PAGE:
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VOLAR: Translating Needs Into Action

VOLAR volunteer
VOLAR volunteer Amanda Smith translates for clients at the Urban Ministries Center. Photo credit: Marc Hall.

Editor’s Note: Earlier versions of this article appeared in our print magazine, Accolades, and online. 

By many measures, Raleigh is one of America’s fastest-growing cities.

VOLAR volunteers
Student volunteers Wesley Brown, left, and Stephanie Evans helped translate at the 2015 Day of the Dead 5K in downtown Raleigh. Photo courtesy of VOLAR.

Hispanics factor among the reasons for that growth: According to U.S. Census data, the percentage of people identifying as Hispanic or Latino in Raleigh grew from 7 percent to 11.4 percent between 2000 and 2010.

With that explosive growth comes new challenges. New Spanish-speaking residents can struggle to interact with schools, government agencies and even social service providers.

Aware of these challenges, faculty within NC State’s Department of Foreign Languages and Literatures were also hearing requests from students who wanted to practice their Spanish outside the classroom.

With the help of a $10,000 NC State seed grant, Associate Professor Shelley Garrigan and Senior Lecturer James McConnell created VOLAR (Voluntarios Ahora en Raleigh). The organization’s name also means “to fly.”

“There wasn’t a direct connection between our pool of willing Spanish-speaking student volunteers and organizations who needed our help,” McConnell said. “We created VOLAR to organize and centralize our resources so we could respond to the community’s needs.”

VOLAR works with a variety of schools and nonprofits, the city of Raleigh’s Parks and Recreation Department and the Mexican Consulate of Raleigh.

Volunteering with VOLAR is comparable in some ways to studying abroad in a Spanish-speaking country. It also helps students who have studied in a Spanish-speaking country keep up their language skills once they come back.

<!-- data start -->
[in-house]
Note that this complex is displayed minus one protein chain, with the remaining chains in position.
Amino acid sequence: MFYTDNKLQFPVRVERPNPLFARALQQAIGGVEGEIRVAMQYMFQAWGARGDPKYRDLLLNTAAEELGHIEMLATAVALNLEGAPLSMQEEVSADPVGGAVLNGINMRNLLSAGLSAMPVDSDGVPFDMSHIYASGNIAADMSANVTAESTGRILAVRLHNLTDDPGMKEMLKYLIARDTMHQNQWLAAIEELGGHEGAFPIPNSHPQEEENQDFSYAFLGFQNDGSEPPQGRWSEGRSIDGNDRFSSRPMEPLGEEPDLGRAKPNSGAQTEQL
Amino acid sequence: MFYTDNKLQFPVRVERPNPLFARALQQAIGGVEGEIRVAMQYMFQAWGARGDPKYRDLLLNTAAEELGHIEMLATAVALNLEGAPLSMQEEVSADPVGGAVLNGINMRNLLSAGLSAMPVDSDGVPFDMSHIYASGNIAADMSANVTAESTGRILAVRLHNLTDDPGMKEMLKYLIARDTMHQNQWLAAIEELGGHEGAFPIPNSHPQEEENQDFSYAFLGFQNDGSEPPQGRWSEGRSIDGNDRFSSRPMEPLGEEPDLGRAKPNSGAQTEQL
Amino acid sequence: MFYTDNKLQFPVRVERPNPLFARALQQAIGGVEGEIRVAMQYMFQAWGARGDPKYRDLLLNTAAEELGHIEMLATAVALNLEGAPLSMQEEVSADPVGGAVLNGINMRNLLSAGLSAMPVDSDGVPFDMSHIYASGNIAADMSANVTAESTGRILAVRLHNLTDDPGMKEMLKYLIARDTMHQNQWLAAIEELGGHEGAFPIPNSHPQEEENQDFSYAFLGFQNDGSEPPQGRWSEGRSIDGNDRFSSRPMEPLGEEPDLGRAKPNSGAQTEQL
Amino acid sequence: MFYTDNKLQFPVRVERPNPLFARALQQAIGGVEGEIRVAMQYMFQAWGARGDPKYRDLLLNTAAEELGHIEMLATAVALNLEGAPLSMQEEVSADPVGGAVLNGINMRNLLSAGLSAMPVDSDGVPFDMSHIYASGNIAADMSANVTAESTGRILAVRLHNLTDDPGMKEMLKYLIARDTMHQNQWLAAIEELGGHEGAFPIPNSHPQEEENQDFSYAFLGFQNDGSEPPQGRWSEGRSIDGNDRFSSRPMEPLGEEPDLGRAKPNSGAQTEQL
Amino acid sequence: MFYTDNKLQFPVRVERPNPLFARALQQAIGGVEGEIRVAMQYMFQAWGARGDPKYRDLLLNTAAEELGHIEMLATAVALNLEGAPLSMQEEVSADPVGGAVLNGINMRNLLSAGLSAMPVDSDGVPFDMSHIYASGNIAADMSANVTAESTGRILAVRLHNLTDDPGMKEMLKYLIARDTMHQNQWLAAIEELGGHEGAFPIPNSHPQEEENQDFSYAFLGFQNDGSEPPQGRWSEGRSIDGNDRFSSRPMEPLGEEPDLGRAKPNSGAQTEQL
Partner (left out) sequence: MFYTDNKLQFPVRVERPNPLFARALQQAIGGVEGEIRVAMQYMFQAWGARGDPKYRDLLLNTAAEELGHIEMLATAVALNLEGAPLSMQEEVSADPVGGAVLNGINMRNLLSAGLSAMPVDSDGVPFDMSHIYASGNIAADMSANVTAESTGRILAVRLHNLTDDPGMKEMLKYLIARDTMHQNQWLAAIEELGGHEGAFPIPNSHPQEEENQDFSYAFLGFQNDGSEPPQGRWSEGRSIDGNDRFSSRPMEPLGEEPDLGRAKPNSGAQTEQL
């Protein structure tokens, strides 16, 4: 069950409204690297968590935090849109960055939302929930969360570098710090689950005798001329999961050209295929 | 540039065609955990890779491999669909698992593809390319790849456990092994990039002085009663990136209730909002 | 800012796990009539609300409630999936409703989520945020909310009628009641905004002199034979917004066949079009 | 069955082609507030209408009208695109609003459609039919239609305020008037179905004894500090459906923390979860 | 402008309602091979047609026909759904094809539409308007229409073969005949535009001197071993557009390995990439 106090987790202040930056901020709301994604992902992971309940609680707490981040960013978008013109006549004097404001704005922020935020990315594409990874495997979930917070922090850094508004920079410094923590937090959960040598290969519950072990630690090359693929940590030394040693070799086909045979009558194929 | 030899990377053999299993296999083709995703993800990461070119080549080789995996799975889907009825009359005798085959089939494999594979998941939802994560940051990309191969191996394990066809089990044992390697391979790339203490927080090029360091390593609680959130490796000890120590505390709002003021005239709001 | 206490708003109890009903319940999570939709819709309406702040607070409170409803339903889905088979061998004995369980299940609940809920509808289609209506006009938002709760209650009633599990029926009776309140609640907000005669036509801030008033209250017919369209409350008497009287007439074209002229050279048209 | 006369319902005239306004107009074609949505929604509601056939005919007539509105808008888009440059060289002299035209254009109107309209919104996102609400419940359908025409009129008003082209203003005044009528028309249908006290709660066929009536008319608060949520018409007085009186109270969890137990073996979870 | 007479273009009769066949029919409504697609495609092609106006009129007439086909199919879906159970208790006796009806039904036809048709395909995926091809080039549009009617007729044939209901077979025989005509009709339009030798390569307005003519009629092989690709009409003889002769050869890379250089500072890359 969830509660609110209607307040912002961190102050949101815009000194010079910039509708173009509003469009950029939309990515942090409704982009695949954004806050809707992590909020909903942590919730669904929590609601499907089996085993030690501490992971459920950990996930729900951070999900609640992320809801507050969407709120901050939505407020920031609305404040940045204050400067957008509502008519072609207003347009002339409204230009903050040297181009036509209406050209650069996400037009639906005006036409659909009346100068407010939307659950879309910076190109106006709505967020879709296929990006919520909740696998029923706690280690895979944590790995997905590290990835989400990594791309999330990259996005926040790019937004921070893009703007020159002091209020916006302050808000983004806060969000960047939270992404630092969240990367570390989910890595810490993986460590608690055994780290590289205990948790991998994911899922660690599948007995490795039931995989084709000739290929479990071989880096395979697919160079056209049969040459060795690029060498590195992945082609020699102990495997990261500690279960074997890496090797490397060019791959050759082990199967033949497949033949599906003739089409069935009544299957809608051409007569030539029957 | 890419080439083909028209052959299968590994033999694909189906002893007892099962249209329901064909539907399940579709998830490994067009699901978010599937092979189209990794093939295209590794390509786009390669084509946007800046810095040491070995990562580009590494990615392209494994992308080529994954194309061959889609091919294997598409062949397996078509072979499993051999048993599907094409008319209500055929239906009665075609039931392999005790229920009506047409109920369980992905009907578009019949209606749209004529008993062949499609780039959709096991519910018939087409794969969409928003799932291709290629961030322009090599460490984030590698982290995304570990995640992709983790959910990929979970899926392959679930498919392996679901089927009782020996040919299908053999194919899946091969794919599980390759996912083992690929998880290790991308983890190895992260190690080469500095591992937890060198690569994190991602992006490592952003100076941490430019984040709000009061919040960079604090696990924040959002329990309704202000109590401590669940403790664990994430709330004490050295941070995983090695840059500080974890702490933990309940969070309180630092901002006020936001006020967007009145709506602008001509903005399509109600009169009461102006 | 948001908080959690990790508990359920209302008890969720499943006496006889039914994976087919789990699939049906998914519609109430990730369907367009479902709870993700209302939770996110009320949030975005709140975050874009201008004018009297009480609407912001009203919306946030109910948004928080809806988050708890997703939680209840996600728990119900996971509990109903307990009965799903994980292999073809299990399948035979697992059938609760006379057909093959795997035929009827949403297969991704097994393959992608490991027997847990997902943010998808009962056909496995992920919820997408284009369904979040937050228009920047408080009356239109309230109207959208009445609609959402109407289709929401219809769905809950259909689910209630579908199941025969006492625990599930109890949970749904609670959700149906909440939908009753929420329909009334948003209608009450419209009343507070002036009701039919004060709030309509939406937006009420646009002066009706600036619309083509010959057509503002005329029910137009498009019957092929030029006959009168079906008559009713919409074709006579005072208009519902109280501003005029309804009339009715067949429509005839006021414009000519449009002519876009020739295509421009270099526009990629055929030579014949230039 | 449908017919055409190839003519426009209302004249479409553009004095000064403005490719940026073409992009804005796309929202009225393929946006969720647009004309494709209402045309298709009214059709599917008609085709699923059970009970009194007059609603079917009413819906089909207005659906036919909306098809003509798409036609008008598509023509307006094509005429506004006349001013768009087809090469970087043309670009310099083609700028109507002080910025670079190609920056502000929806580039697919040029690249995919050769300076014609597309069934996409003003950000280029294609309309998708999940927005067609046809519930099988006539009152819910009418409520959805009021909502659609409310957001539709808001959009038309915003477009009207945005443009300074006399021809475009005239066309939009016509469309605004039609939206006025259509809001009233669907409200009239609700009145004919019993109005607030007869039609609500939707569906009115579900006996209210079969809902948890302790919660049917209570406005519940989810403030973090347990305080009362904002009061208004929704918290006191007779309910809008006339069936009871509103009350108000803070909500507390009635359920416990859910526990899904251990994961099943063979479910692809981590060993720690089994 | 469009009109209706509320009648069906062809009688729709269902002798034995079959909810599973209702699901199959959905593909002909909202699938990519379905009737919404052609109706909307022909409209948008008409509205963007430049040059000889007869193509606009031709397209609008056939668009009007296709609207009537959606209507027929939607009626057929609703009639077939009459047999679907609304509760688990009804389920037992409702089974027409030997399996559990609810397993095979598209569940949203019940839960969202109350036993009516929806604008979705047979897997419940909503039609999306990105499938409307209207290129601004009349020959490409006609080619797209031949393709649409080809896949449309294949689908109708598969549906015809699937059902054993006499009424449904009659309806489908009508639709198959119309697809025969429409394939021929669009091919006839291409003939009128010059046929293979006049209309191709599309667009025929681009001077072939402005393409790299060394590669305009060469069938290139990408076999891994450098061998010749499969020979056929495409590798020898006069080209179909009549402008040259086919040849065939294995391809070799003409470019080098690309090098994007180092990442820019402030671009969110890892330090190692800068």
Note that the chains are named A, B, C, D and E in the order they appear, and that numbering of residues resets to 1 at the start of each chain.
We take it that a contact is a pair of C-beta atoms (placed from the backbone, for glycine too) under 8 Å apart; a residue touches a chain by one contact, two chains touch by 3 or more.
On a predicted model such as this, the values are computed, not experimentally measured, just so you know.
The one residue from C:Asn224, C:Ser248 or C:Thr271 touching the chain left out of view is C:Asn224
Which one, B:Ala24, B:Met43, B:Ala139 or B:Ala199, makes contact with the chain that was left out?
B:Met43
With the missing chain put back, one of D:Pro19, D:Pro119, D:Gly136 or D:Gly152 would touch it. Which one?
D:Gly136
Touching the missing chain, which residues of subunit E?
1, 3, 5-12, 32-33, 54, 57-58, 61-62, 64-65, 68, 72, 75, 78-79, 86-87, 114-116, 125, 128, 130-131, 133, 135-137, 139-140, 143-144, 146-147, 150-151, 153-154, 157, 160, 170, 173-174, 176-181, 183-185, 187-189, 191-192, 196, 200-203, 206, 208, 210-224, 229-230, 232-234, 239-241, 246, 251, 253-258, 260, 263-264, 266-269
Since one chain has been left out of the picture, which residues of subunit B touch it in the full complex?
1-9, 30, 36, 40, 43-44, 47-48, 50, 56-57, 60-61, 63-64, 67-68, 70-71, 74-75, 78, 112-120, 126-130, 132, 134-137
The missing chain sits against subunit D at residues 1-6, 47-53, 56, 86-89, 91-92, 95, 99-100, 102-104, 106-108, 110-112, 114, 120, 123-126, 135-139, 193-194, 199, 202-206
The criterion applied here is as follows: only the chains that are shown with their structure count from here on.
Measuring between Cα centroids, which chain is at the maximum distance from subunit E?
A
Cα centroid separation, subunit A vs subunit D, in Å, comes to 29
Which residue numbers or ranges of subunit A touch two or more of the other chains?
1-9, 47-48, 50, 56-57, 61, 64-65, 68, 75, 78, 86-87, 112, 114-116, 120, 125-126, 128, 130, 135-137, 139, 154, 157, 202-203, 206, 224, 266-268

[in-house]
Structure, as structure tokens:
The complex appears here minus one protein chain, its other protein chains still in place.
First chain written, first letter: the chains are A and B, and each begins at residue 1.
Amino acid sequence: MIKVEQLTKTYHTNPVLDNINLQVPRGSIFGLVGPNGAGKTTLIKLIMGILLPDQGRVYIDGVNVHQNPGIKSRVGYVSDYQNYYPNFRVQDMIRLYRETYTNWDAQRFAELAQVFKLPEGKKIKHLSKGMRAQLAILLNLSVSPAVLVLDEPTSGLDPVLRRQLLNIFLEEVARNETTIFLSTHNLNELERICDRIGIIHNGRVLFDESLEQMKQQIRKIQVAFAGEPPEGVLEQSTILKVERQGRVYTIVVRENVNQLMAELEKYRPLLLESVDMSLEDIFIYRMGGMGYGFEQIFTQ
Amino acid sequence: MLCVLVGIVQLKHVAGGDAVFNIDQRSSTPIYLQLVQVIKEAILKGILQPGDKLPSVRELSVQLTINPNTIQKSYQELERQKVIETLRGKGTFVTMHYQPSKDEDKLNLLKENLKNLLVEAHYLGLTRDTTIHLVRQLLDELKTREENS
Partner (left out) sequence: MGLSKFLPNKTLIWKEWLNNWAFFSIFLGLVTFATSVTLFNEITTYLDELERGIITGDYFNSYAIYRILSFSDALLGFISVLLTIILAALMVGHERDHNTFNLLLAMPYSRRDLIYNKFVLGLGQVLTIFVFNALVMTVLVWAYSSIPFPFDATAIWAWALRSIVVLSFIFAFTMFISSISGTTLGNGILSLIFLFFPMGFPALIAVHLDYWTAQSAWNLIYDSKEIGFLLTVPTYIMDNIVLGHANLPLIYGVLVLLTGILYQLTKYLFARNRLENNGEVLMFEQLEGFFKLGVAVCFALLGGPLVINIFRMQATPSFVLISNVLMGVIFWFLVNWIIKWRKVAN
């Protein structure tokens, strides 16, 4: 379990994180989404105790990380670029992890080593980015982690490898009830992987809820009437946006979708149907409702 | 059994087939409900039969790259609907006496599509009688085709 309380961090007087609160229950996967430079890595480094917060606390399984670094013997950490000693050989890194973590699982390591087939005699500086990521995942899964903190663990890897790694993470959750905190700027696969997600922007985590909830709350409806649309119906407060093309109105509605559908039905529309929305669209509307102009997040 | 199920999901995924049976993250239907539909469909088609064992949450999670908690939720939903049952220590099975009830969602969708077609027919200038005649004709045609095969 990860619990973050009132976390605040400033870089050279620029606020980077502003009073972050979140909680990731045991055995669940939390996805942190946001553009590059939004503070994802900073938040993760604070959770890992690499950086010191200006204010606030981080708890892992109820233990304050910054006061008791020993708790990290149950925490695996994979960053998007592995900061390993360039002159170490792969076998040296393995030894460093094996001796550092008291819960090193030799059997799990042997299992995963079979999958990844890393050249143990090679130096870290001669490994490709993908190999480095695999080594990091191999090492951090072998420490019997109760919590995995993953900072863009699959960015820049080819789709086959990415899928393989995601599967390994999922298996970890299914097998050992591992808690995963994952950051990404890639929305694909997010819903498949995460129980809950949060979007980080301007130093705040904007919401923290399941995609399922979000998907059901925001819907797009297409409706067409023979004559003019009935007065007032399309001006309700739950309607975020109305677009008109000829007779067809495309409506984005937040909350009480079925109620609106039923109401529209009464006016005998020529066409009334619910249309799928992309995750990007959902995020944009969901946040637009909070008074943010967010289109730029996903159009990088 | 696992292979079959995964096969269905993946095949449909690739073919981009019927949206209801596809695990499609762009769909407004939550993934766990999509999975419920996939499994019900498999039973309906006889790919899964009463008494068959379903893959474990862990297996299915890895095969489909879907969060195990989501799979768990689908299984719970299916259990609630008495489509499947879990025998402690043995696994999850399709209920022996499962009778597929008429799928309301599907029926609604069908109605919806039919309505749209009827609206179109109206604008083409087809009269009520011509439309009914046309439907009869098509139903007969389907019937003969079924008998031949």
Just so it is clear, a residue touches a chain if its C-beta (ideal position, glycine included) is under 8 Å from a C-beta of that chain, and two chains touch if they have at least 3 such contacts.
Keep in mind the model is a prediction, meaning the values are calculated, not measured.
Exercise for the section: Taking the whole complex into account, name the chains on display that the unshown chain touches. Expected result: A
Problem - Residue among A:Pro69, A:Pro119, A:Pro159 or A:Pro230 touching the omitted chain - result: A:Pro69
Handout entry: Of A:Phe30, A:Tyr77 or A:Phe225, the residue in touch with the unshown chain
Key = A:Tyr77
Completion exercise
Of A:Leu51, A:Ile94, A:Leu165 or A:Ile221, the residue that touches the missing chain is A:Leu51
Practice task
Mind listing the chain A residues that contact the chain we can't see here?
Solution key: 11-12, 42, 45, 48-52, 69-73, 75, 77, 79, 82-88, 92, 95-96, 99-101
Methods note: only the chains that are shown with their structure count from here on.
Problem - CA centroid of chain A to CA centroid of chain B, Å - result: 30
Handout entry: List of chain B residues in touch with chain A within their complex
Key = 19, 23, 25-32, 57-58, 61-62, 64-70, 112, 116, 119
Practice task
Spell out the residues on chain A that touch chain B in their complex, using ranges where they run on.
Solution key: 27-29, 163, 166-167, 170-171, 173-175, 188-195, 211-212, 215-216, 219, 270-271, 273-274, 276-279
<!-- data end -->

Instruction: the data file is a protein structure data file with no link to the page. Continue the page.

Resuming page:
— VOLAR coordinator Debbie Kane

Student volunteers translate at parent-teacher conferences, help patients navigate their way through community clinics and mentor Hispanic children in after-school programs.

Amanda Smith is double majoring in Spanish and international studies. Through VOLAR, she volunteers at the Urban Ministries Center’s Open Door Clinic, where she walks clients through eligibility documentation required for medical services.

“We cover questions about their jobs, family, resources and health,” Smith said. “It’s much more of a conversation than a Q&A. You have to be attuned and make sure you’re not missing important details.”

Smith said her Spanish has improved exponentially as she has volunteered. “Having conversations improves your fluency very quickly,” she laughed. “And it is gratifying to earn our clients’ trust, to listen to their problems and point them toward resources.”

VOLAR founders
VOLAR coordinator Debbie Kane, left, with co-founders Shelley Garrigan and James McConnell.

“Volunteering with VOLAR is comparable in some ways to studying abroad in a Spanish-speaking country,” said VOLAR coordinator Debbie Kane. “It also helps students who have studied in a Spanish-speaking country keep up their language skills once they come back.”

Ruth Gross, head of the Department of Foreign Languages and Literatures, is a strong advocate for the program. “Immersive projects like VOLAR are what we’re all about,” she said. “Our students don’t just learn about languages and cultures in the classroom. They take what they’re learning out into the world. They make a difference.”

Amanda Smith echoes those thoughts.

“We’re not just majoring in something to get a job,” Smith said of herself and her fellow VOLAR volunteers. “We’re applying what we’re learning in the real world to help people. It’s a powerful experience.”

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